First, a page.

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Dating While Skint Is Terrible, and Not for the Obvious Reasons

How could I talk about building a foreseeable future with another person when so much of my own hinged on making just a little bit more an hour?

Illustrations by Julia Dickens

This article originally appeared on VICE US

One of the most interesting and simultaneously frustrating things about your twenties (and shit, some of your thirties) is dating while you're broke. Whether you're in school, fallen on hard times, or just haven't gotten your big break, maneuvering around the dating scene is ten times more difficult when you're short on cash. Most people in my age bracket are sifting through tuition or student loans, rent, and/or credit card bills while either making considerably less than our parents did.


Having been at various stages of broke for most of my life, money and its problems have always been at the forefront of my reality, and it's affected how I view dating. We might not realize it, but beyond the struggle of funding date nights, money and serious relationships are much more closely linked than we think. It's not as simple as saying "no" to dating until you have your shit together, but those who earn less aren't exactly jumping into long-term relationships.

Casual dating while perpetually broke is, if nothing else, an exercise in creativity. Doing fun shit is usually expensive and the pressure of wanting to impress the other person is always looming whether we want it to or not. Skipping pricey steakhouses or fine dining in favor of more cost-friendly options is one thing, but asking your date for gas money is quite another, so it becomes about striking that perfect balance between being thrifty with money without actually appearing to be. Museums with free admission nights, low-cost but interesting eats, and Groupons can get you through the first few dates, but moving past that "get-to-know-you" stage is much trickier.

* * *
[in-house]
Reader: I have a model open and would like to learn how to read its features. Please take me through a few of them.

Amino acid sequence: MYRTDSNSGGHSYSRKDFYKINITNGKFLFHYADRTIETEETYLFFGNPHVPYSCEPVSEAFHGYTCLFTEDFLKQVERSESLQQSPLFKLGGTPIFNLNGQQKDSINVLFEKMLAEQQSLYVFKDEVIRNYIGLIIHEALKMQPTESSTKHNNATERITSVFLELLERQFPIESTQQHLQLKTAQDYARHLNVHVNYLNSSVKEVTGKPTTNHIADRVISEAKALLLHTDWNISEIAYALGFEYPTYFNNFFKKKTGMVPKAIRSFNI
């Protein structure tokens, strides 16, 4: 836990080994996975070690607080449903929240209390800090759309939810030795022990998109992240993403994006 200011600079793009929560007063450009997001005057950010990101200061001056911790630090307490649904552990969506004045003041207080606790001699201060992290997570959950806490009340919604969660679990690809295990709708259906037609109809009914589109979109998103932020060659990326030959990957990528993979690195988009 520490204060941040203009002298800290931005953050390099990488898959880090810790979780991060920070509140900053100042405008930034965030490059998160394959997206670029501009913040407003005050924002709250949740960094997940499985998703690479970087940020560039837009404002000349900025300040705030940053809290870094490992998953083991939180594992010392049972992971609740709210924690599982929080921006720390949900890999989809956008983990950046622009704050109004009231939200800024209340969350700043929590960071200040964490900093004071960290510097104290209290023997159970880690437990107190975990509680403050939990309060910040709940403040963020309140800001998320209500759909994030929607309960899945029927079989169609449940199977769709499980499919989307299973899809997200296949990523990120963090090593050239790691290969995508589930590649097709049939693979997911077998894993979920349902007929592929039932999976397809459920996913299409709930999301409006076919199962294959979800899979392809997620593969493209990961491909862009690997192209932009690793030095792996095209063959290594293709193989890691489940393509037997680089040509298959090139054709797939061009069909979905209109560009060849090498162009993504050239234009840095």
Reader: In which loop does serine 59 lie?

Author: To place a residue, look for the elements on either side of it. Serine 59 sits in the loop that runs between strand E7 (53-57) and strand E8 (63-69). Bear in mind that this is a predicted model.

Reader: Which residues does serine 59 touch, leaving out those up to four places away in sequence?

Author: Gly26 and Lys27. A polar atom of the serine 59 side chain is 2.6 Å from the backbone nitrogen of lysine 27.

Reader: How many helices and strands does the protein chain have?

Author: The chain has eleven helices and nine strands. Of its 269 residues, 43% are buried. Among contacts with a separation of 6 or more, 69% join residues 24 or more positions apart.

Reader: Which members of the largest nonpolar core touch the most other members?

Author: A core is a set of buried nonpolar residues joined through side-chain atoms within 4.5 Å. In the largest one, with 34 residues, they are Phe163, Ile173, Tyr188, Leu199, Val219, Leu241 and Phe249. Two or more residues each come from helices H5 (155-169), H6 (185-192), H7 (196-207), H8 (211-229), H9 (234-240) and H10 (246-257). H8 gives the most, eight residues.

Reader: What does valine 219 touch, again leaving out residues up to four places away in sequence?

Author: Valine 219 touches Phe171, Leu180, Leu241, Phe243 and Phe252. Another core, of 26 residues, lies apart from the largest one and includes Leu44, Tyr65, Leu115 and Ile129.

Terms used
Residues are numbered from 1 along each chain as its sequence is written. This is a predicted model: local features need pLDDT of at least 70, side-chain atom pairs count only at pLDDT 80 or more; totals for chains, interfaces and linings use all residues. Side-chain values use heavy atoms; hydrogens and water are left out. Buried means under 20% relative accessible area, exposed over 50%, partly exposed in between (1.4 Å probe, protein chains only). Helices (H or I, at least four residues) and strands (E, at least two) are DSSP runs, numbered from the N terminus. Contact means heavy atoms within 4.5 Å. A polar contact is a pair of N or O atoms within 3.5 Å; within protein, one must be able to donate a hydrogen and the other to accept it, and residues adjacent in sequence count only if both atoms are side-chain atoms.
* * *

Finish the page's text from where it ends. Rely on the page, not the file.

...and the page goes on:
I think about my own broker-than-usual times, working overnight shifts for a few cents more than minimum wage. As a woman, I tend to be on the better end of the dating scenario: more likely to be taken out than taking on the costs of courting myself. I still hated the idea of not leaving the house with what my Jamaican mother calls "vex money"—cash on hand just in case the shit goes south. I tried my hand at being open to dating in general, and I was held up by not just the money but the emotional instability that can come along with being in a shitty spot in your life.


During my lowest times, I recall going on a slew of first dates but never going much beyond that. While they gave me a pretty good distraction from the shitshow that was my life, it started to dawn on me how repetitive it was. A combination of things contributed to it never getting anywhere, mainly insecurities about myself, shitty choices I made in past relationships, and a growing list of deal breakers. But I could never shake the feeling of not being settled, comfortable, or contented with my life as it was. And not making enough money was a huge part of that.